That’s what all the books said, and I was intrigued by the idea that guanxi – relationships – is the absolutely fundamental thing, the starting point, for anyone who planned to do business in China. I didn’t really understand how this was different from doing business in the West, and I didn’t have any special advantages in doing business in China. I did not speak the language. I’m female. And I have a small publishing company, not a glamorous clothing brand or a big engineering operation. But my interest in relationships, networking, and community made me more attuned than most to the concept of guanxi. I also thought that relationships might give me an advantage – an advantage I would need, competing with much larger firms.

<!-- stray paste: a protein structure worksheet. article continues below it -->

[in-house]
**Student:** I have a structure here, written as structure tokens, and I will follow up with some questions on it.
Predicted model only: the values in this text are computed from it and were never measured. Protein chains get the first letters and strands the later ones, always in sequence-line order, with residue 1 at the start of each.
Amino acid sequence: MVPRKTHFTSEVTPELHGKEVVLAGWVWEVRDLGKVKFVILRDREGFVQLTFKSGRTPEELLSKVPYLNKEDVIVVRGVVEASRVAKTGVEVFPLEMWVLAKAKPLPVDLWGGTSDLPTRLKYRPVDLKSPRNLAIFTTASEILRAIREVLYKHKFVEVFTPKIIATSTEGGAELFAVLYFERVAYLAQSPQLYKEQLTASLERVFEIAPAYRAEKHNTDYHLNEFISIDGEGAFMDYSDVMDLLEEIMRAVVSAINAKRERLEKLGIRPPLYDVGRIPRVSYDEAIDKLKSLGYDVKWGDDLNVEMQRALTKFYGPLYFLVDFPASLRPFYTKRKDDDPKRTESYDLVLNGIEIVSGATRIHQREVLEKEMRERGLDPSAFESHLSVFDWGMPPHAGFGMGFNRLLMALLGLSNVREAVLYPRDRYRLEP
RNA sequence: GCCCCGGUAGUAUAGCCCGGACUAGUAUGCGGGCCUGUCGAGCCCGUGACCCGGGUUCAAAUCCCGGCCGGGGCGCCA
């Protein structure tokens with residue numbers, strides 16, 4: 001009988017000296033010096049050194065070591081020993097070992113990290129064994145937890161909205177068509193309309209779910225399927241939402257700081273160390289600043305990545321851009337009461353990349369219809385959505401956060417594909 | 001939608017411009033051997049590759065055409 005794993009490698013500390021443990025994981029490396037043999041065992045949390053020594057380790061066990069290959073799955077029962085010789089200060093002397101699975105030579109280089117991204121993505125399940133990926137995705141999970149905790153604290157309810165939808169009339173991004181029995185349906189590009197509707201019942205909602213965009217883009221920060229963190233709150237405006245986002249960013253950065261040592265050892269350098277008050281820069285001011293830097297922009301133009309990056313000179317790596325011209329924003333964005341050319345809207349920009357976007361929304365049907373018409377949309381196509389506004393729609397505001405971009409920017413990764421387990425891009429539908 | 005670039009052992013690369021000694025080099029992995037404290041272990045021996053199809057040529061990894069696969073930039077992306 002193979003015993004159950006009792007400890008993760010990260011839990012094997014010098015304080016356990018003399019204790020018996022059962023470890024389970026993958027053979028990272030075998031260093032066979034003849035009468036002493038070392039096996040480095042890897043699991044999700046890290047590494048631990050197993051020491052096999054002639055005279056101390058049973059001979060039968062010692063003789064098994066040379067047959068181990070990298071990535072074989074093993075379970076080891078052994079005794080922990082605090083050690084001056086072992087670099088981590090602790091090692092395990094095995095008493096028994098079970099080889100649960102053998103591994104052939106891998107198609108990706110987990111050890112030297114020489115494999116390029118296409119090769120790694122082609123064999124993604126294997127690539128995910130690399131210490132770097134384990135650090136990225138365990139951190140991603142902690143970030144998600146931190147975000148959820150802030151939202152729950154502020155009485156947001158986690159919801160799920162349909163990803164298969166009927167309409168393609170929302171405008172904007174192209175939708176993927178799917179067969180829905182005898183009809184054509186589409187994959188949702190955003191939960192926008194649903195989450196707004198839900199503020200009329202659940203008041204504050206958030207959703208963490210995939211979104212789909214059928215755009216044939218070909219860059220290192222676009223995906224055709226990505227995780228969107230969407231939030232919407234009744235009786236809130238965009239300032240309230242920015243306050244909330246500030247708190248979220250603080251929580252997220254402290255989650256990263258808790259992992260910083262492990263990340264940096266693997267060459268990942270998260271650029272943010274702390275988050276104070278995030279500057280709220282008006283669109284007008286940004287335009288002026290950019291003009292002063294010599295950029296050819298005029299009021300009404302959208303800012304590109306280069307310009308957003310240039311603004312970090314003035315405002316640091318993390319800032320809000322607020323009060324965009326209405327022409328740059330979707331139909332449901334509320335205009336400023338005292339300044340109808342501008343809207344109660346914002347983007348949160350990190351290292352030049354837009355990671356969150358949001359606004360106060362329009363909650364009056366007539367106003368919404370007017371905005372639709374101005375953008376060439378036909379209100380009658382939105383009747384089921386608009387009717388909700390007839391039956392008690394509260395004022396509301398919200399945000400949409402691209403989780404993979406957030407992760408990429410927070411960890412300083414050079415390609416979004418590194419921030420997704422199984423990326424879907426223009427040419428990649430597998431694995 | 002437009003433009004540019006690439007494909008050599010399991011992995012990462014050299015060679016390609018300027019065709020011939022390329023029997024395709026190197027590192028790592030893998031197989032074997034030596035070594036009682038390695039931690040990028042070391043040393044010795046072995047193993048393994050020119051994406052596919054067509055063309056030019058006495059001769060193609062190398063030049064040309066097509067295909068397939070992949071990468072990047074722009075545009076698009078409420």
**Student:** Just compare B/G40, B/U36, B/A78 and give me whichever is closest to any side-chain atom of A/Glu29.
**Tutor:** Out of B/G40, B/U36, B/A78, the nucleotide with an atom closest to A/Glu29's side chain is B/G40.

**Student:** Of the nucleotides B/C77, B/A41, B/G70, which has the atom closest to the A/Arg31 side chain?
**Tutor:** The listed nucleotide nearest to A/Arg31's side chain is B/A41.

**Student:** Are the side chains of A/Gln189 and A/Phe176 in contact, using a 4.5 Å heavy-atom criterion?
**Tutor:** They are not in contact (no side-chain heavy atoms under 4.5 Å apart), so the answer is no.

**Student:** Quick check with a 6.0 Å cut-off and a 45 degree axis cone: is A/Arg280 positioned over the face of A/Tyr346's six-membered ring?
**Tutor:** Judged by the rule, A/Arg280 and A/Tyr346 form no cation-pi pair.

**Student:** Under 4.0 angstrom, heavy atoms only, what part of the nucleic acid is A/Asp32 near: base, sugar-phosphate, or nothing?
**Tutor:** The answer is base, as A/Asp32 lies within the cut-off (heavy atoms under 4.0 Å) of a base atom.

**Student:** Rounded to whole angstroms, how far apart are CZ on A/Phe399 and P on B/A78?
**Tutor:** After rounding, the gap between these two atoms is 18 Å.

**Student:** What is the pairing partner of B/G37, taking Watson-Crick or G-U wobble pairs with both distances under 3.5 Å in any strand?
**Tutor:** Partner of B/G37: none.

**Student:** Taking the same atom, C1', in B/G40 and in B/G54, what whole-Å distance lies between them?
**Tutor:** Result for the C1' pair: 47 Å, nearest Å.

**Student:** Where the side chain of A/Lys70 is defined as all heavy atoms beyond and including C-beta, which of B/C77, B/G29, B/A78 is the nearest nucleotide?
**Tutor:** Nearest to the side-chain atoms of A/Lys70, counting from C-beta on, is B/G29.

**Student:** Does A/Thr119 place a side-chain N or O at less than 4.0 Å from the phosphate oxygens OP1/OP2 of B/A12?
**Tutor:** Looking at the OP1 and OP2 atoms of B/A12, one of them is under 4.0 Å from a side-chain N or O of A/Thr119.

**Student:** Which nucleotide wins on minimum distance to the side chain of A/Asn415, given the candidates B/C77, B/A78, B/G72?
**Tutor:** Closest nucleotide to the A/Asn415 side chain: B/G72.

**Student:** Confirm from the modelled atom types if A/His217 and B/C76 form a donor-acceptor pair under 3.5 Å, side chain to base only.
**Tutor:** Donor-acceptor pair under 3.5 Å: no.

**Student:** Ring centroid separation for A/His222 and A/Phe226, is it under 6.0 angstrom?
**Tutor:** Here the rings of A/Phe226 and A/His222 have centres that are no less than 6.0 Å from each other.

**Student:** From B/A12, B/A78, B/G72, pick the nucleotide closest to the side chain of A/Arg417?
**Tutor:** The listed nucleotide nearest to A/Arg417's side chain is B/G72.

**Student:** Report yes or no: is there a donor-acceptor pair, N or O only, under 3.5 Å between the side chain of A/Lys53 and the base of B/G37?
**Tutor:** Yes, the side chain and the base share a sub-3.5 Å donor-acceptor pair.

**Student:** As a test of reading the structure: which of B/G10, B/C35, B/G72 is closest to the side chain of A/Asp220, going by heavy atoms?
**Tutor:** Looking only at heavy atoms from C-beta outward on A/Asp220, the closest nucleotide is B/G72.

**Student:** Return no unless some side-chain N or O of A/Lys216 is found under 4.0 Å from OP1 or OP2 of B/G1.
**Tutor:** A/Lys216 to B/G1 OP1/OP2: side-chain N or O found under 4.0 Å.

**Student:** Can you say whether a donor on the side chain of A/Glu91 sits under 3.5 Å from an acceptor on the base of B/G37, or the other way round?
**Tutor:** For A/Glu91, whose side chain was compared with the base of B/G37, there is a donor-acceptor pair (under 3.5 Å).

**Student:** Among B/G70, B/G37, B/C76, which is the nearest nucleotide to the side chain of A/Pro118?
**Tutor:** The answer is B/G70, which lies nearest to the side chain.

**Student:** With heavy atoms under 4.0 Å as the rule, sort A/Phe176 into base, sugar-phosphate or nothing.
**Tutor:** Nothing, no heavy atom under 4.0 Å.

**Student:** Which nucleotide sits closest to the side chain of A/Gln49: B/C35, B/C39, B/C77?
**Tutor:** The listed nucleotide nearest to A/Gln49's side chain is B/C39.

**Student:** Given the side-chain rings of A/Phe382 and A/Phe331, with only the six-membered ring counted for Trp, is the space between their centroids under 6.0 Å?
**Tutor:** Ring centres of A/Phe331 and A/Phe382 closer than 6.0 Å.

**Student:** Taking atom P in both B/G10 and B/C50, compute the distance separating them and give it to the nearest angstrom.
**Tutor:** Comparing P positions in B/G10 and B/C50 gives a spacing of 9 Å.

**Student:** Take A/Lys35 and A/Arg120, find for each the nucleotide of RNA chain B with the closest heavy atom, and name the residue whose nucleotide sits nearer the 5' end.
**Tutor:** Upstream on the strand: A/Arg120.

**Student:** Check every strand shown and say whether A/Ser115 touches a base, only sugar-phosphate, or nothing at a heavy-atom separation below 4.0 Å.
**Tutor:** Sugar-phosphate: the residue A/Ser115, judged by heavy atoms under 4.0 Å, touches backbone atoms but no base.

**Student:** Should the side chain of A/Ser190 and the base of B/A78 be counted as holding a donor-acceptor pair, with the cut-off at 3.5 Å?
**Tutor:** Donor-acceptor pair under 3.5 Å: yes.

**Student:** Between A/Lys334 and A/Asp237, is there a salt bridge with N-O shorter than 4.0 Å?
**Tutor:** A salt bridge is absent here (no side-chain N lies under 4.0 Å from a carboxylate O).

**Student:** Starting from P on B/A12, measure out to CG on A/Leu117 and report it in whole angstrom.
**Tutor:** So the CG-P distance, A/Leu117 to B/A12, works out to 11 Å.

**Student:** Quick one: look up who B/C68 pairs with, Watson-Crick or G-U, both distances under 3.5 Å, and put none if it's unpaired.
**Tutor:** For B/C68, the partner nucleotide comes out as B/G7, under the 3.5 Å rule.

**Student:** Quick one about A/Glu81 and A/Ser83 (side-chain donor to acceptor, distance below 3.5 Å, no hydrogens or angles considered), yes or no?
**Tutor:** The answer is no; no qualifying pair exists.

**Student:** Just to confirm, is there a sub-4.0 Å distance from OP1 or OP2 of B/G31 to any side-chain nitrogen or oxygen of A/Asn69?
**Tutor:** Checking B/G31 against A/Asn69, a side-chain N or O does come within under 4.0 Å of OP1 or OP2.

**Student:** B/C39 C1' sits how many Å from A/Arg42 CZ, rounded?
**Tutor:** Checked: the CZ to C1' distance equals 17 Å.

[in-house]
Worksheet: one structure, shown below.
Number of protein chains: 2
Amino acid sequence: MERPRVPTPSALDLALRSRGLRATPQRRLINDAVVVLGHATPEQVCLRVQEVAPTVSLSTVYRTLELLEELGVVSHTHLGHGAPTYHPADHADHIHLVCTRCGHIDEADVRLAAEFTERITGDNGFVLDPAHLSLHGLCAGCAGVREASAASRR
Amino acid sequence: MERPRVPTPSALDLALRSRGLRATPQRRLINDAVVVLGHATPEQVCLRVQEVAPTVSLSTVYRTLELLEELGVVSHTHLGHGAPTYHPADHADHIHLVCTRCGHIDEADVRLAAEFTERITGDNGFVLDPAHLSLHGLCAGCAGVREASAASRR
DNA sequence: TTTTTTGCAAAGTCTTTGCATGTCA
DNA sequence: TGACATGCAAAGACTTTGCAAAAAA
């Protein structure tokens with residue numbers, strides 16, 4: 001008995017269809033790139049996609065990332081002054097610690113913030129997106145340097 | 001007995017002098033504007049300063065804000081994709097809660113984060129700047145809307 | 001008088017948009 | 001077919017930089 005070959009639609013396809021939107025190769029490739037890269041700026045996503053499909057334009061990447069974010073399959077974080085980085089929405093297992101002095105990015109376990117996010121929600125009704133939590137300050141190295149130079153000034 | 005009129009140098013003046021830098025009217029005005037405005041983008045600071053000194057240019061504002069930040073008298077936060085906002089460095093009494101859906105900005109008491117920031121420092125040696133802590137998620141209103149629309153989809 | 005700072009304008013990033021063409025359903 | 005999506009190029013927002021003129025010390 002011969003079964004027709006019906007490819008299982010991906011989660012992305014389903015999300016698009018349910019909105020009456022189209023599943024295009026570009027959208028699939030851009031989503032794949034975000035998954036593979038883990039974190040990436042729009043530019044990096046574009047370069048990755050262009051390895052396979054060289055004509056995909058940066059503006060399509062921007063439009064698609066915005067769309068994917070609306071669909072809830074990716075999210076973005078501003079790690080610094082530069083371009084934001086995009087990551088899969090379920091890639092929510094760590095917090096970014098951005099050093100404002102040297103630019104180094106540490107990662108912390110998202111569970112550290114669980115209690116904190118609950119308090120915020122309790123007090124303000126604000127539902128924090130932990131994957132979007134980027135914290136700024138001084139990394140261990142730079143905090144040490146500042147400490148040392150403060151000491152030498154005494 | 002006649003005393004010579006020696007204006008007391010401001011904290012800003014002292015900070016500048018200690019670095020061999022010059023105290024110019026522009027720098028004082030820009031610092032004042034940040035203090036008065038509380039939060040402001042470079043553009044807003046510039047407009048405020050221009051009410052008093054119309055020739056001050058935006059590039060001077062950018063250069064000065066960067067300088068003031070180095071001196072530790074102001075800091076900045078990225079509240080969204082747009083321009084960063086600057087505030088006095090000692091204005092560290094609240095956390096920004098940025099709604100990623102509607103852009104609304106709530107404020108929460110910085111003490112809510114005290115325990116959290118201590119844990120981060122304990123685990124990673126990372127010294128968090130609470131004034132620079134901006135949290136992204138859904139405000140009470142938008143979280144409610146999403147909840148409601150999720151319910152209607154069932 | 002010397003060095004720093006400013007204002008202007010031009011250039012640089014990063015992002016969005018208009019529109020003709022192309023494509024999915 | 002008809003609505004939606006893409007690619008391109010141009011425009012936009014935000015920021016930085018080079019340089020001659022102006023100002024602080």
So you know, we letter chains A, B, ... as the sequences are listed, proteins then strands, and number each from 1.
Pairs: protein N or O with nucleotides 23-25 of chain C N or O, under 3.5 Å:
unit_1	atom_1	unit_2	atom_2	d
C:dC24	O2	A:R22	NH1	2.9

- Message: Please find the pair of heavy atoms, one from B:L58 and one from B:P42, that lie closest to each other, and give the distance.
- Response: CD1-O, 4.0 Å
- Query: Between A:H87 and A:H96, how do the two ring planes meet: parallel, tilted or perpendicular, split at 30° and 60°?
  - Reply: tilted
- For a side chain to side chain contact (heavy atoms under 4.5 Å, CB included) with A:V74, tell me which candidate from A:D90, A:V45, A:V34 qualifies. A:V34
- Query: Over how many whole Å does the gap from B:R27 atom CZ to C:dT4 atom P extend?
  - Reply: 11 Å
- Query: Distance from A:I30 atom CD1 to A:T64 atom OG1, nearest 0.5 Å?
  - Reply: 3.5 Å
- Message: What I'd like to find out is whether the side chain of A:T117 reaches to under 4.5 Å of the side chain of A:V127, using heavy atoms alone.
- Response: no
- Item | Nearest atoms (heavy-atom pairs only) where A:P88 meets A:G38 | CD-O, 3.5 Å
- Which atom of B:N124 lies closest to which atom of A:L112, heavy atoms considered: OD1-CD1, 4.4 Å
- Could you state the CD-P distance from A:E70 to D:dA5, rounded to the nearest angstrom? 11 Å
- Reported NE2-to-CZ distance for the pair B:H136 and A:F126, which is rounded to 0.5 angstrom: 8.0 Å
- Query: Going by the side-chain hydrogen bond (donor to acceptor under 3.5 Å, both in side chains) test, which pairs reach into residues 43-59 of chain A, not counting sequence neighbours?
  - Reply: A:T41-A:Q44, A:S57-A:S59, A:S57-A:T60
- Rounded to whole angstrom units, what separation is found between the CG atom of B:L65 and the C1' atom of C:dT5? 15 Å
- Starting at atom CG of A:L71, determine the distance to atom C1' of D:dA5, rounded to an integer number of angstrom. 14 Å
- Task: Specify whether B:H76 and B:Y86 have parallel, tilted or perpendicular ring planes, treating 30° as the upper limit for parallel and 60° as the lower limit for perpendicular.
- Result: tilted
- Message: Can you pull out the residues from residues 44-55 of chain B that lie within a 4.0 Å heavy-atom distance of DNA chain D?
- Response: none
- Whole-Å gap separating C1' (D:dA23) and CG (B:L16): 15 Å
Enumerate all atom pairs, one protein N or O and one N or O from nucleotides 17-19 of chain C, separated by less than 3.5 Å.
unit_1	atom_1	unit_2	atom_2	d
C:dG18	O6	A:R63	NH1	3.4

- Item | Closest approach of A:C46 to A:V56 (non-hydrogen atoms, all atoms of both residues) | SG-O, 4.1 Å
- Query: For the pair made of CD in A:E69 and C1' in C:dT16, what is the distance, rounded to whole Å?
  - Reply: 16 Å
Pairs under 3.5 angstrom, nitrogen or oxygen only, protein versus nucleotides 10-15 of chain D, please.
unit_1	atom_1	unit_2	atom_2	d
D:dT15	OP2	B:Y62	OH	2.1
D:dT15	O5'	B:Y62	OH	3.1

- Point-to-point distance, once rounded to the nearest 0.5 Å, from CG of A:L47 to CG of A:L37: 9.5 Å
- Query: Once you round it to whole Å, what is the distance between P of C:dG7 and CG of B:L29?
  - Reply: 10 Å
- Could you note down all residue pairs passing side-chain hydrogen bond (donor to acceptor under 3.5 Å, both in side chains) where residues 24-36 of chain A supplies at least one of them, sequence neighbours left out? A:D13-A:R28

I did something very simple: I went to China whenever I could, spend time talking to people, asked a lot of questions, and stayed in touch over the years.

Now, as we sign new agreements and start another phase of Berkshire’s China-focused publishing, I am looking forward to learning about the growth in Chinese direct investment in the United States. Tomorrow, May 20th, the National Committee on US-China Relations will be releasing a report on FDI (Foreign Direct Investment) by US congressional district. Chinese investment is a possibility for Berkshire Publishing, just as it is for many other companies, and I plan to be at the forefront, exploring how we can work together and learn from one another – and, naturally, increase our guanxi.

Here’s information about the public program in New York:




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